Tuesday, January 8, 2013

What to Think About While Organizing Organizations

           Day 9 of my analysis of Gene Sharp’s The Politics of Nonviolent Action, Part Three: The Dynamics of Nonviolent Struggle, applied to the climate movement. Reading Sharp’s books are a prerequisite for anyone who is serious about stopping climate change. Please go to Dr. Sharp’s website, buy these books, and study them.

I have some experience with both well-run and poorly run climate organizations.

A little more than a year ago I was working for a climate organization where nothing worked.  Meetings and conferences never went off as planned, nothing got done on time, and no one was in the loop about what the executive director’s agenda was.  I certainly wasn’t, and there weren’t that many of us.

On the other hand, in April of 2011 I attended the PowerShift conference in D.C.  It was the largest organizer training in history, and it was very well-organized.  Over the course of a weekend, people were able to meet other activists from their own regions, learn effective organizing techniques, brainstorm on solutions, and also have fun!  (The only thing they don’t do right is they don’t hold their conventions in election years, which would provide a great springboard for a summer of organizing and activism.  Instead, over a year passes between the conference and the next campaign season, by which time the conference is a distant memory and attendees have scattered to the winds.)

As PowerShift demonstrated, a good organization provides a framework to make people work more effectively.  Bad organization provides no framework and people end up leaving. 

Last Sunday 60 Minutes did an excellent segment on  IDEO’s David Kelly, who’s design company builds on the ideas of many people.  It could be a great model for a really powerful climate movement.  The movement needs to be creative and democratic, it needs to be outspoken and not secretive about it’s strategies, it needs to encourage initiative, and must have unwavering commitment to nonviolent principles.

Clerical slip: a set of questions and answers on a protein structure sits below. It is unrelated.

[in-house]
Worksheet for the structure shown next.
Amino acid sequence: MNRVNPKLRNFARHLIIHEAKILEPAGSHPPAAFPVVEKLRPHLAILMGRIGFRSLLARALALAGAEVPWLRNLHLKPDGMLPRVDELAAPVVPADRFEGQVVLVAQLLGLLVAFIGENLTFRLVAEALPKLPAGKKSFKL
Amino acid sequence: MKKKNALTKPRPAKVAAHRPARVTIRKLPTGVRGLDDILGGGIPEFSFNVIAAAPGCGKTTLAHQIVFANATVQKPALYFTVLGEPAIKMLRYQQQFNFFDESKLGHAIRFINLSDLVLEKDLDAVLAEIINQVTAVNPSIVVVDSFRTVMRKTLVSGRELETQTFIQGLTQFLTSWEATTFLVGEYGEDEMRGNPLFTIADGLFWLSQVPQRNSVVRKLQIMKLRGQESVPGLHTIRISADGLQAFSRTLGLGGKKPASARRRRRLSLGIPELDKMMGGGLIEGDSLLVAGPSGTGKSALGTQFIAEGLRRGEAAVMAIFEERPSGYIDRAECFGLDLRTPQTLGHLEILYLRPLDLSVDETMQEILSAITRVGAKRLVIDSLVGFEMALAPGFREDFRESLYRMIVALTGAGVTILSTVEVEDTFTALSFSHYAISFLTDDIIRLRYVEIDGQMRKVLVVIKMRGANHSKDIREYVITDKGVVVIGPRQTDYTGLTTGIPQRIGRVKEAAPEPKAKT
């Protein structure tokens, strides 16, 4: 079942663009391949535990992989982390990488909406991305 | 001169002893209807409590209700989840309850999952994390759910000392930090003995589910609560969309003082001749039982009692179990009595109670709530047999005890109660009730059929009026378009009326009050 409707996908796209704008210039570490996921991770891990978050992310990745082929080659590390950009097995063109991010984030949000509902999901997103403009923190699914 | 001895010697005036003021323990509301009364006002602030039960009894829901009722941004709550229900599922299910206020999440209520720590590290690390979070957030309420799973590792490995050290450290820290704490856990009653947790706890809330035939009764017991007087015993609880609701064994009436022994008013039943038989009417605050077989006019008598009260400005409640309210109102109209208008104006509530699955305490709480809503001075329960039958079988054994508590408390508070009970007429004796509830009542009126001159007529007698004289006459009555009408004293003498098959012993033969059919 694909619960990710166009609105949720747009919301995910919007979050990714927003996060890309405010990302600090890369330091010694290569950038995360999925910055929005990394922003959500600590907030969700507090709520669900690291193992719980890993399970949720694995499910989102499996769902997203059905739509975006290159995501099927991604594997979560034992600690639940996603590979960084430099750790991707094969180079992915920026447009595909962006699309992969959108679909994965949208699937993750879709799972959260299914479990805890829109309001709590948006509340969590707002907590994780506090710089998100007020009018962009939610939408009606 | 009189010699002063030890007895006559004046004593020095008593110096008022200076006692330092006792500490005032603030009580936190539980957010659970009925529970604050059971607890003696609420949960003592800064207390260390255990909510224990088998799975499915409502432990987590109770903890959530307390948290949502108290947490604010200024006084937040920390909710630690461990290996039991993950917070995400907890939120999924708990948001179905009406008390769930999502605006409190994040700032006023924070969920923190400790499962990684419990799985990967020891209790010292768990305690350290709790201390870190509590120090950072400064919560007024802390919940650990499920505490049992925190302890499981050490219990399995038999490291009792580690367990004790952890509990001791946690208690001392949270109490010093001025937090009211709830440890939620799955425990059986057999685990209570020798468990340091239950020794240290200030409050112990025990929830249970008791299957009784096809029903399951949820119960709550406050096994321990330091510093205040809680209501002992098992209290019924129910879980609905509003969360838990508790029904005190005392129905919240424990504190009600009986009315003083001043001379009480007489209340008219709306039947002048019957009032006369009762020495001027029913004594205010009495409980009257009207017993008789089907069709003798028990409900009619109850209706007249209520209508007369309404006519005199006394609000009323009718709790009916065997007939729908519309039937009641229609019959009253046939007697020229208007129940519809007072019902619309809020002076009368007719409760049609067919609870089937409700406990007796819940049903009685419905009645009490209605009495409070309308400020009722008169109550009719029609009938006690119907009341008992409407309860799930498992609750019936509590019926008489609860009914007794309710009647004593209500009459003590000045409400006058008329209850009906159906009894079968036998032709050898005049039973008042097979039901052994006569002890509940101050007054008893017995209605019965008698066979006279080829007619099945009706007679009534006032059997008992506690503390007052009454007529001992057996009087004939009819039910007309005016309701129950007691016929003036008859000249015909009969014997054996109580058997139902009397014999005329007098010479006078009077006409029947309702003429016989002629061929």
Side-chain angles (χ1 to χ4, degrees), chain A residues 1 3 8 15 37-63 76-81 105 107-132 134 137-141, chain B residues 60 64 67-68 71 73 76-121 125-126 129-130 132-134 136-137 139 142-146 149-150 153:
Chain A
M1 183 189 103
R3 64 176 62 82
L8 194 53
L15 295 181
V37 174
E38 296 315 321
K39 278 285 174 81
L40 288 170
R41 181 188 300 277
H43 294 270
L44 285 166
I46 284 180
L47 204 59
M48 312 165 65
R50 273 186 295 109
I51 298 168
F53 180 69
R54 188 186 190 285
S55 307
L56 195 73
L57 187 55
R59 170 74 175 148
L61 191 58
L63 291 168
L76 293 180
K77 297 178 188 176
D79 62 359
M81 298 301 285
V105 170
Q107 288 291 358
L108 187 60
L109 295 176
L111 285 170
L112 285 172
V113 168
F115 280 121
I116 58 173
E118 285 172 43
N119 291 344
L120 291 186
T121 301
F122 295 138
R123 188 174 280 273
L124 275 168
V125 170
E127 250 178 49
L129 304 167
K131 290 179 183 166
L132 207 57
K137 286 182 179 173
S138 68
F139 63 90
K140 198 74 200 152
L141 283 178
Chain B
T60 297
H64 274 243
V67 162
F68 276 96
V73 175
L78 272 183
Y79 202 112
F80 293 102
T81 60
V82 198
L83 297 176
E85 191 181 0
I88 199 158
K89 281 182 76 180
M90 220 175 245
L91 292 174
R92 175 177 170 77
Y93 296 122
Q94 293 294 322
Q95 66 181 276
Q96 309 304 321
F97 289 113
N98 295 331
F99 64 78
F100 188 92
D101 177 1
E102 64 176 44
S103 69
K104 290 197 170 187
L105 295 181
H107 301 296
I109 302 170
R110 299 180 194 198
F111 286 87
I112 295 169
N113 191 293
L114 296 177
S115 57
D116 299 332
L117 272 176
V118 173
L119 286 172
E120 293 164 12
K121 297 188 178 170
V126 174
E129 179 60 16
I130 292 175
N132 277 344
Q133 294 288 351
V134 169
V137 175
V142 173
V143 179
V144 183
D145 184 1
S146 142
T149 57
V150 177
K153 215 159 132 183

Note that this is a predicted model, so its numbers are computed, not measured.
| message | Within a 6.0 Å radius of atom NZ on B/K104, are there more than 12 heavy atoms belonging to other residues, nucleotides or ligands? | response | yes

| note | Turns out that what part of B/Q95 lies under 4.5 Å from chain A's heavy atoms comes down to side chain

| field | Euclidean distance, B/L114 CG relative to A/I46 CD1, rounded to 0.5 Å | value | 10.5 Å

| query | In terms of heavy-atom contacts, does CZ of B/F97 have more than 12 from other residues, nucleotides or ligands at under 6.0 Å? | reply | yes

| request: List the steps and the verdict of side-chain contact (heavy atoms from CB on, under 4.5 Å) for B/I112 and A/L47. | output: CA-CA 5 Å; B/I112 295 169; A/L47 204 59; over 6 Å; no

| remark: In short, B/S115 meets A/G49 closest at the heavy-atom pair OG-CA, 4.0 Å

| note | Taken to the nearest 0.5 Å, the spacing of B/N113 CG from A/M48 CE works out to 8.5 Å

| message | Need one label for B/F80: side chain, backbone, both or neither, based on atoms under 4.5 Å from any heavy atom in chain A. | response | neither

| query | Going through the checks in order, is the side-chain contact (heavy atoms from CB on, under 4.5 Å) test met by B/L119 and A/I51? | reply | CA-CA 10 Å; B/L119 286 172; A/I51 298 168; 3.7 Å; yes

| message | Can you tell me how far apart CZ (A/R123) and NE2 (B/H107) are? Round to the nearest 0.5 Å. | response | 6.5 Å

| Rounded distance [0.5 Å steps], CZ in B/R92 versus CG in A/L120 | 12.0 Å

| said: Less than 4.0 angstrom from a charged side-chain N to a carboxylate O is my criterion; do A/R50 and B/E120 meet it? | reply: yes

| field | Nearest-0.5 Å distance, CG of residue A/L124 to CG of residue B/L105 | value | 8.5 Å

That’s what PowerShift’s convention did.  Their framework created a place for ideas to form and grow.  Otpor did it in Serbia, allowing complete freedom for activists so long as they kept the focus on ending Milosevic’s reign and as long as it was nonviolent.  Earth Guardians is attempting to provide the creative structure for youth environmental activists in the U.S. and abroad.

But time and thought need to go into the organizational framework so that the organization will easily grow in the right direction.

In Waging Nonviolent Struggle, Sharp shows four categories where organization is necessary:

-       “The public: publicizing the facts and grievances; promoting sympathy; disseminating solid information about the nature and requirements of nonviolent struggle."

This is huge for us, not just publicizing how serious of a crisis climate change is, but also how effective nonviolent struggle can be!

-       "The volunteers: recruiting; training and incorporating participants into the movement; promoting commitment."

The CANVAS website gives more details on how to recruit and train.  Otpor had an action, recruit, train triangle, where street actions doubled as recruitment opportunities.  The new recruits would then be trained, and would often themselves be doing the next street actions.

-       "The leadership: preparing replacements for arrested leaders of the movement; setting the procedures for further selection of leadership; supplying information to the leaders."

Again, I personally think this movement would be stronger with many leaders empowered to lead fun groups in their towns.  It would make it very hard for the fossil fuel industry to effectively combat us.

-      "The movement in general: supporting morale and discipline; preparing participants to act without leaders in times of severe repression; maintaining communications.”

A big thing we need is simple morale, a belief that we can indeed save the day before it's too late.

In The Politics of Nonviolent Action, Sharp concludes: “Strong commitment of the volunteers to participation and adherence to the campaign’s plans and standards remain crucial...In preparing the volunteers and the general population for the struggle, extreme attention must be given to three closely related qualities of this technique: fearlessness, nonviolence, and…openness or nonsecrecy.”


Please muster up the $34.85 (plus shipping) and purchase The Politics of Nonviolent Action.  You can order it HERE.

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